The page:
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Oscar rolls out its red carpet

Workmen prepare the carpet for the high heels to come on Sunday
/ Source: The Associated Press

Oscar’s red carpet — Hollywood’s celebrated route of royalty and runway for the world’s most-watched fashion show — arrives very humbly: split into dozens of rolls, wrapped in plastic and freighted on two flatbed trucks.

And for the record, this most famous of showbiz red carpets is actually a secret shade of cayenne specially formulated to academy specifications. It’s more burgundy than red, but plays red on TV.

The carpet arrived at the Kodak Theatre before dawn on Wednesday, all five nylon tons of it, direct from American Turf & Carpet in suburban Cerritos, Calif. Company owner Walter Clyne was on hand to ensure a smooth rollout.

“No high-profile person is tripping on my watch,” says Clyne, a burly guy with a buzz cut and the exclusive supplier of Oscar’s regal rug for the past 10 years.

One of Clyne’s crew, operating a forklift equipped with a long rod called a carpet pole, pierces each 300-pound carpet roll and lifts it off the truck. Workers in matching blue T-shirts — some wearing back braces, others with knee pads — use metal wheelbarrows to haul the rolls into position.

Ready for high heelsBy Sunday night the grunts and groans of Clyne’s crew will be replaced by the glitter and glamor of famous feet as they make their way to the 78th Annual Academy Awards through a gauntlet of screaming fans and clamoring journalists.

The carpet of dreams’ long journey to Hollywood begins in Dalton, Ga., where it’s woven together in a natural shade of white. It takes about five days to dye it the proprietary Oscar shade, which veteran carpet queen Joan Rivers describes as “Nancy Reagan red — that wonderful red with a little blue in it.”

Then the carpet is treated with a protectant that prevents the rosy shade from rubbing off on the stars’ Valentinos and Pradas.

With the rolls unloaded, the carpet guys start their work. Passers-by snap pictures as the crew workers unfurl the tradition-steeped rugs, first with their feet, then on hands and knees. Then they start the meticulous process of piecing the carpet together.

With an oversized putty knife, one worker cuts the edges of the rug so they match exactly. One of his colleagues comes along behind him, picking up the remnants and collecting them in a pile for safekeeping from color copiers or eBay peddlers.

The carpet looks so fresh it almost glows. And for the first time this year, it is bordered in gold. A proprietary shade, of course.

Not all the carpet is new. The Academy typically replaces the red carpet every other year, and, pssst..., this is an old-carpet year.

Stored for next yearOn new-carpet years, Clyne’s crew takes the rug back to the company’s warehouse, where they spend up to 10 days giving it a thorough cleaning to return it to its pristine state for the next year.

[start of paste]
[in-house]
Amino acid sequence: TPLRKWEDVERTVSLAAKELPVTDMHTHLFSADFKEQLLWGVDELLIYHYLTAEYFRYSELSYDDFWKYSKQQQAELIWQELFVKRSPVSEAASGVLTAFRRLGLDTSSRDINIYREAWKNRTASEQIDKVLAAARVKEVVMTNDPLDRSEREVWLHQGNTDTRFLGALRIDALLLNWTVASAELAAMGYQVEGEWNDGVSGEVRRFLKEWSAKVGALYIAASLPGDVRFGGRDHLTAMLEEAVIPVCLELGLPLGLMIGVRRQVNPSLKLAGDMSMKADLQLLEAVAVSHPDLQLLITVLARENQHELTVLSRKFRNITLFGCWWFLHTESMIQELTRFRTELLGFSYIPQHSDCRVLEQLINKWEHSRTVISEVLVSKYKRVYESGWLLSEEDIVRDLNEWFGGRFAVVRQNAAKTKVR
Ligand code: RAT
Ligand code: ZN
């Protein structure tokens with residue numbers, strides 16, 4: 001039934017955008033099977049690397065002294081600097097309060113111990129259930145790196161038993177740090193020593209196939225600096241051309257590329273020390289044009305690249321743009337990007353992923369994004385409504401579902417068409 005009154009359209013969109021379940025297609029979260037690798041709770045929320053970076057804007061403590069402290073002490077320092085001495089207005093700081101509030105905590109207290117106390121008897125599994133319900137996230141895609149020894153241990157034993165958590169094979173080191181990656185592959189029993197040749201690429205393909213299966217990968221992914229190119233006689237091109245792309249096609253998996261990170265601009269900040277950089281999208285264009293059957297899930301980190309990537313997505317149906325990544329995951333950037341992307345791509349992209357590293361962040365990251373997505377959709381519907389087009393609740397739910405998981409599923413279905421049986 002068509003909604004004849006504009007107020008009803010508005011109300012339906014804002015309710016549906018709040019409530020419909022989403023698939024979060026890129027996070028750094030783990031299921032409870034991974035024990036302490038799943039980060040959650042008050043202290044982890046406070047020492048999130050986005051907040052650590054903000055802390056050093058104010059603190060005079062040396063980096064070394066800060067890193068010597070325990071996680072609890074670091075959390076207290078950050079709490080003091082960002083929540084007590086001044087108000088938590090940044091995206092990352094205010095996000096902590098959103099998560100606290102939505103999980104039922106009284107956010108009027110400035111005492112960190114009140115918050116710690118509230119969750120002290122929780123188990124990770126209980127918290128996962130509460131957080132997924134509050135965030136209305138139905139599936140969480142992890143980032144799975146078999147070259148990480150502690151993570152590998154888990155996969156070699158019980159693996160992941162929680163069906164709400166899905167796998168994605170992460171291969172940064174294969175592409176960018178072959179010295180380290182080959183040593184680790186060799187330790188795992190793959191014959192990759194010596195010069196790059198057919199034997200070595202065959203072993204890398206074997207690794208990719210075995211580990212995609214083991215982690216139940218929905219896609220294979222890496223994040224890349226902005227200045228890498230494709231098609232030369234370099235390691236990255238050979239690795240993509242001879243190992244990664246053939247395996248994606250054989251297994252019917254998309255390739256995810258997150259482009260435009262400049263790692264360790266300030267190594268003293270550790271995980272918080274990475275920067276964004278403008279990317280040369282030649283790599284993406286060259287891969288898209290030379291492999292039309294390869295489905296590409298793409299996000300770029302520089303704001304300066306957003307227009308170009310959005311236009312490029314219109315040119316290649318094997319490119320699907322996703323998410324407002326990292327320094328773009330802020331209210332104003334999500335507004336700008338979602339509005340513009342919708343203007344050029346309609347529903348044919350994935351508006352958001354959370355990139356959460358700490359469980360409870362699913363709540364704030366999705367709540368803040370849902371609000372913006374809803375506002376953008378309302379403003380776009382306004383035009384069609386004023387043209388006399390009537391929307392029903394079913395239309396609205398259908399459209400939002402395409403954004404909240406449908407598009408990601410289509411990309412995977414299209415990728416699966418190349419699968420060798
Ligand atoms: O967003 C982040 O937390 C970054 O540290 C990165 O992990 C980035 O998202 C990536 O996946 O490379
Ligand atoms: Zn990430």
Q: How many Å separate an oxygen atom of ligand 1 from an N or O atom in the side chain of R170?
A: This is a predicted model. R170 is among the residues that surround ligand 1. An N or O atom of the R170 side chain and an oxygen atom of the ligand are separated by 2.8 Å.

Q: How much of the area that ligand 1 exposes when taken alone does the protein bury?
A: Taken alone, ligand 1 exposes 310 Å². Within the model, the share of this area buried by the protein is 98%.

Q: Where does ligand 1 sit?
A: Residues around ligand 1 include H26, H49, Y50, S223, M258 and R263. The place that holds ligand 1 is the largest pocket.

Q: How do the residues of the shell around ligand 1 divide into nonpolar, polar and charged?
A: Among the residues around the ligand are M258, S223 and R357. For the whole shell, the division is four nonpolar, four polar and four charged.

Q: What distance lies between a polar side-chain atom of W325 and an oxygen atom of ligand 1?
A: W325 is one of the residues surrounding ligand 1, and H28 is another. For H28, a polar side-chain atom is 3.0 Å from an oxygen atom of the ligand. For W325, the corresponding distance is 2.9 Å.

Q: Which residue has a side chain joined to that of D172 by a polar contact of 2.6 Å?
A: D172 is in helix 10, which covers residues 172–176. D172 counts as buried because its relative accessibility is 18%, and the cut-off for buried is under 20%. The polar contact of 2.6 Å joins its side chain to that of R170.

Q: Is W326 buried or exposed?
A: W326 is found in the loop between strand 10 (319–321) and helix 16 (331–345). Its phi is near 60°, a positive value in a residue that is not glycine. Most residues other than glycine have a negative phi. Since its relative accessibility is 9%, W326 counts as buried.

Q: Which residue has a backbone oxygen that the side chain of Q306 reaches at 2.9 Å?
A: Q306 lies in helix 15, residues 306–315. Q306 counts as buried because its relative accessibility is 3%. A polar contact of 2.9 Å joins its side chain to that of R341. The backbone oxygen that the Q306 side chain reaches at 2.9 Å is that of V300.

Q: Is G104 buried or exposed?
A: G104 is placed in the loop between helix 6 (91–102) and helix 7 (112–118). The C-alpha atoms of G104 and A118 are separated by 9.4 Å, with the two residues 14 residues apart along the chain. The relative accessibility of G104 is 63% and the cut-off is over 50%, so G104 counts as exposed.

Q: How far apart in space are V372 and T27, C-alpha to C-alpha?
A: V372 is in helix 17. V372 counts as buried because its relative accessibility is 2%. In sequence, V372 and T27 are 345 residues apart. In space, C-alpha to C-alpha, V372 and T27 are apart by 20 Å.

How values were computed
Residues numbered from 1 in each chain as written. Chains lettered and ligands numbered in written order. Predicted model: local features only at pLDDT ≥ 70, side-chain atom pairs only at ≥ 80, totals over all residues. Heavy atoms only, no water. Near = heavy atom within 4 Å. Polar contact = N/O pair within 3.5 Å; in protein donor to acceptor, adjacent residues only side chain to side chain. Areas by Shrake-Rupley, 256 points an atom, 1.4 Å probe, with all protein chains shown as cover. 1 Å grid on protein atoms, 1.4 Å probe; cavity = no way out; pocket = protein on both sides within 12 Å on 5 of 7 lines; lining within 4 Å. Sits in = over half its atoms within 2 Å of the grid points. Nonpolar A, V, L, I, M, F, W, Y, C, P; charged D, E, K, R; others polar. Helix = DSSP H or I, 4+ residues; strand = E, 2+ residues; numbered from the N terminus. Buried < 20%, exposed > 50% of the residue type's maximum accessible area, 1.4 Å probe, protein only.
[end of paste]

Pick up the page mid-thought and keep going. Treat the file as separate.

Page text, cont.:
And by Rivers’ account, it needs every one of those 10 days: “By the end, it’s just filthy and there’s gum on it and there’s cigarettes on it.”

As for the fate of the old carpets, they’re carted back to the California warehouse and disposed, very hush-hush.

Much of last year’s rug also got rained on, Clyne said, so at least half of it had to be replaced this year. He won’t say which half.

Historical moment: The practice of rolling out a red carpet for royal processions dates back thousands of years. Historians trace one of the earliest mentions to Greek playwright Aeschylus in 485 B.C. In one of his works, Agamemnon walks a red carpet fit only for “the feet of the gods.”

And how perfect for Hollywood, too, where a red carpet was first rolled out by famed exhibitor Sid Grauman when he opened the Egyptian Theatre in 1922, seven years before the first Academy Awards.

Back at the Kodak — it will take 21 men about two days to completely install this year’s Oscar carpet, including painstakingly sealing the carpet into place by running an industrial iron over every seam.

When all seams are sealed, workers will protect their efforts with a layer of “carpet mask,” a clear adhesive plastic that will keep the rug clean until its close-up on Sunday night.

Clyne also keeps a tuxedo-clad carpet worker onsite the night of the show. “It has to look good on TV,” he says. “It has to be firm and it has to be good.”

Army Archerd, who welcomed celebrities on the red carpet at 48 Academy Awards, says he never gave much thought to the rug under his feet. But he knows it’s a place where magic can happen.

“To look at the people who’ve been on the red carpet with me,” he says, “would be a total history of Hollywood and the Academy Awards.”